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  2. Beautiful Exhibit--hearts and souls into these works for sure...Thanks for sharing your visit...hugs, Julierose

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    1. I enjoy visiting quilt shows but have found art gallery exhibits exciting in a different way. There are some better photos on their website. I'm glad you enjoyed it, Julierose.

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  3. Thanks for the post. I just love those quilts - so inspiring!

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    1. They certainly show how to make-do. Such vibrancy. I enjoy seeing how work in closed communities evolved. Thanks for writing, Patty.

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    1. I've only seen these in books before. It was such a treat to have time to look in person. Thanks for writing, Caroline.

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  5. All that I have to say is WOW and thank you :)

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    1. Quilts always look so good when they are professionally hung. I was delighted to see a map quilt from Gee's Bend and to see the orange and denim one which I'd only previously seen on a cover. It was quite different in person. Thanks for writing, Deb.

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    1. They are, aren't they? Especially when they are well displayed.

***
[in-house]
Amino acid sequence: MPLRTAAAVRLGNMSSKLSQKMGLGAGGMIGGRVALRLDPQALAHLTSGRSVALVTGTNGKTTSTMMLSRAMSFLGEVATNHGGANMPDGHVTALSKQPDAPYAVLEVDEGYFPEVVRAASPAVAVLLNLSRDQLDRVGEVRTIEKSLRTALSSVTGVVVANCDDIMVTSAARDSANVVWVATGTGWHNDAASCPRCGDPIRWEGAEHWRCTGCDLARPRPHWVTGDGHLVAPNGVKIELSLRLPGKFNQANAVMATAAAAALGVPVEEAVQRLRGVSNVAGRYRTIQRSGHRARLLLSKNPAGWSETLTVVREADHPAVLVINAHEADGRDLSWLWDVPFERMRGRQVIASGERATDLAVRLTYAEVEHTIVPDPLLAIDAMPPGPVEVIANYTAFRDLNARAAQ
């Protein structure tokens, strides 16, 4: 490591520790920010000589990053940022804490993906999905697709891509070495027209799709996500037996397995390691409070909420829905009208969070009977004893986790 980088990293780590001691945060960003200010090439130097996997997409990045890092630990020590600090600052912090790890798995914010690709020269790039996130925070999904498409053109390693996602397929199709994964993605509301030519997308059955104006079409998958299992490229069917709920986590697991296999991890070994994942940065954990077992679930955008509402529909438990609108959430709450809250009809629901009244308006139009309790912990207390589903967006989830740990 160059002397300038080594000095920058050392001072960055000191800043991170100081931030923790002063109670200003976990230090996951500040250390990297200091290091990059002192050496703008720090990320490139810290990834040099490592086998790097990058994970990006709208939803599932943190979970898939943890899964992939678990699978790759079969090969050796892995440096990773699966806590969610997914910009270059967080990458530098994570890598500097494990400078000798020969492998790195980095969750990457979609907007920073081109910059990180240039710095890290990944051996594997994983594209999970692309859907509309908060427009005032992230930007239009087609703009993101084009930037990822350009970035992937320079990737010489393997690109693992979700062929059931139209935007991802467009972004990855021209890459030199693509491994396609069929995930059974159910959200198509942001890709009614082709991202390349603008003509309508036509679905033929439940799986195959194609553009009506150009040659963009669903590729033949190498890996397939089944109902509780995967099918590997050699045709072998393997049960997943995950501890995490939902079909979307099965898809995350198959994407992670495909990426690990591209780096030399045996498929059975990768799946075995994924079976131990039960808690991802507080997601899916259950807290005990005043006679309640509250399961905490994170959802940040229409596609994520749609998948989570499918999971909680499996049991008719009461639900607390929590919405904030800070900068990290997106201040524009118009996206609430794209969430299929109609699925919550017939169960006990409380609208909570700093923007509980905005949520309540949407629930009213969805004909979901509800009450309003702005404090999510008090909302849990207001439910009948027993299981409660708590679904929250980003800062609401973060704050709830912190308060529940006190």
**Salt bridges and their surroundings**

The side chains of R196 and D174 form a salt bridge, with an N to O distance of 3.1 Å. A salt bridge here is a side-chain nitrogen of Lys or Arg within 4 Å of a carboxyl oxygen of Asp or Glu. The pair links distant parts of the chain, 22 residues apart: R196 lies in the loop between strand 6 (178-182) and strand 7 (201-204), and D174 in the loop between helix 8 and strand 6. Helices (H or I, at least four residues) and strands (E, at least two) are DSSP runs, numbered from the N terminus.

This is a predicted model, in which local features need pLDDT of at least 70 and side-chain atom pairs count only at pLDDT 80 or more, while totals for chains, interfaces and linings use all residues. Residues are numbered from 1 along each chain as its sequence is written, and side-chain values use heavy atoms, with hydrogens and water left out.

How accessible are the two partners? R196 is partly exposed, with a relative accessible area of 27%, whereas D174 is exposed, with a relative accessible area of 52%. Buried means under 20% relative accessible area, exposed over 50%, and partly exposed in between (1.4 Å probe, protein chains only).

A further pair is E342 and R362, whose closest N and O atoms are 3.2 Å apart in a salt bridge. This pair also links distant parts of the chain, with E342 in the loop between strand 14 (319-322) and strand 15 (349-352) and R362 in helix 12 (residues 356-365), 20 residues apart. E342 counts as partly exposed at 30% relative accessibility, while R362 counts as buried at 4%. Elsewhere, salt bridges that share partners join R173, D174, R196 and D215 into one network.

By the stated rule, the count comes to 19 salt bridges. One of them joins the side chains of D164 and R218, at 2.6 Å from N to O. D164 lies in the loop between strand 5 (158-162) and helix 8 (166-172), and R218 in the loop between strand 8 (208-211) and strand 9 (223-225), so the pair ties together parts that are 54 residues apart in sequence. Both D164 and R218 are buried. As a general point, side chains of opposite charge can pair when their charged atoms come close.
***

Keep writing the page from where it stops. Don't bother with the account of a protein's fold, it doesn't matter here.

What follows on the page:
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  7. my grandmother (who lived in rural Alabama) only pieced from old clothes and the colors were not as brilliant or contrasting. I wonder if they used scraps and old clothes, and would be surprised to see such brilliant oranges and reds being left after years of washing. I don't know the whole story, maybe they used new scraps from making clothes?
    I enjoyed your photos and commentary

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    1. I read the Gee's Bend quilters made corduroy pillows for Sears in the 60s and then started incorporating the scraps from the workshop into their own work. It has almost a silk-like luster.
      When I made my Chinese Coins with old household goods I was surprised how bright they still were. I guess we don't hold on to things as long as our grandparents. And none of the reds were old.

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  8. Thanks for sharing thee beautiful works.

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    1. I felt very fortunate to see the exhibit. The Met is so large (the largest museum in the world) it's overwhelming at times. I've learned to look for exhibits before heading in. Glad you liked it, too, Lisa.

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  9. Lots of inspiration, thanks for sharing Ann.

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    1. I'm amazed there were two quilt exhibits in town that week. As you said, they are inspiring. Thanks for writing, Janie.

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  10. Ah this brings back perusing a Gee's Bend book years ago when I visited a large library in a town not too far from here and dragged every quilting related book that they had back to my place before the 'Net' ! :)

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    1. Oh, yes. I remember borrowing every quilt book the library had back in the day. I still like to see the old ones.

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  11. What a treat! What an inspiration-filled day at the Met!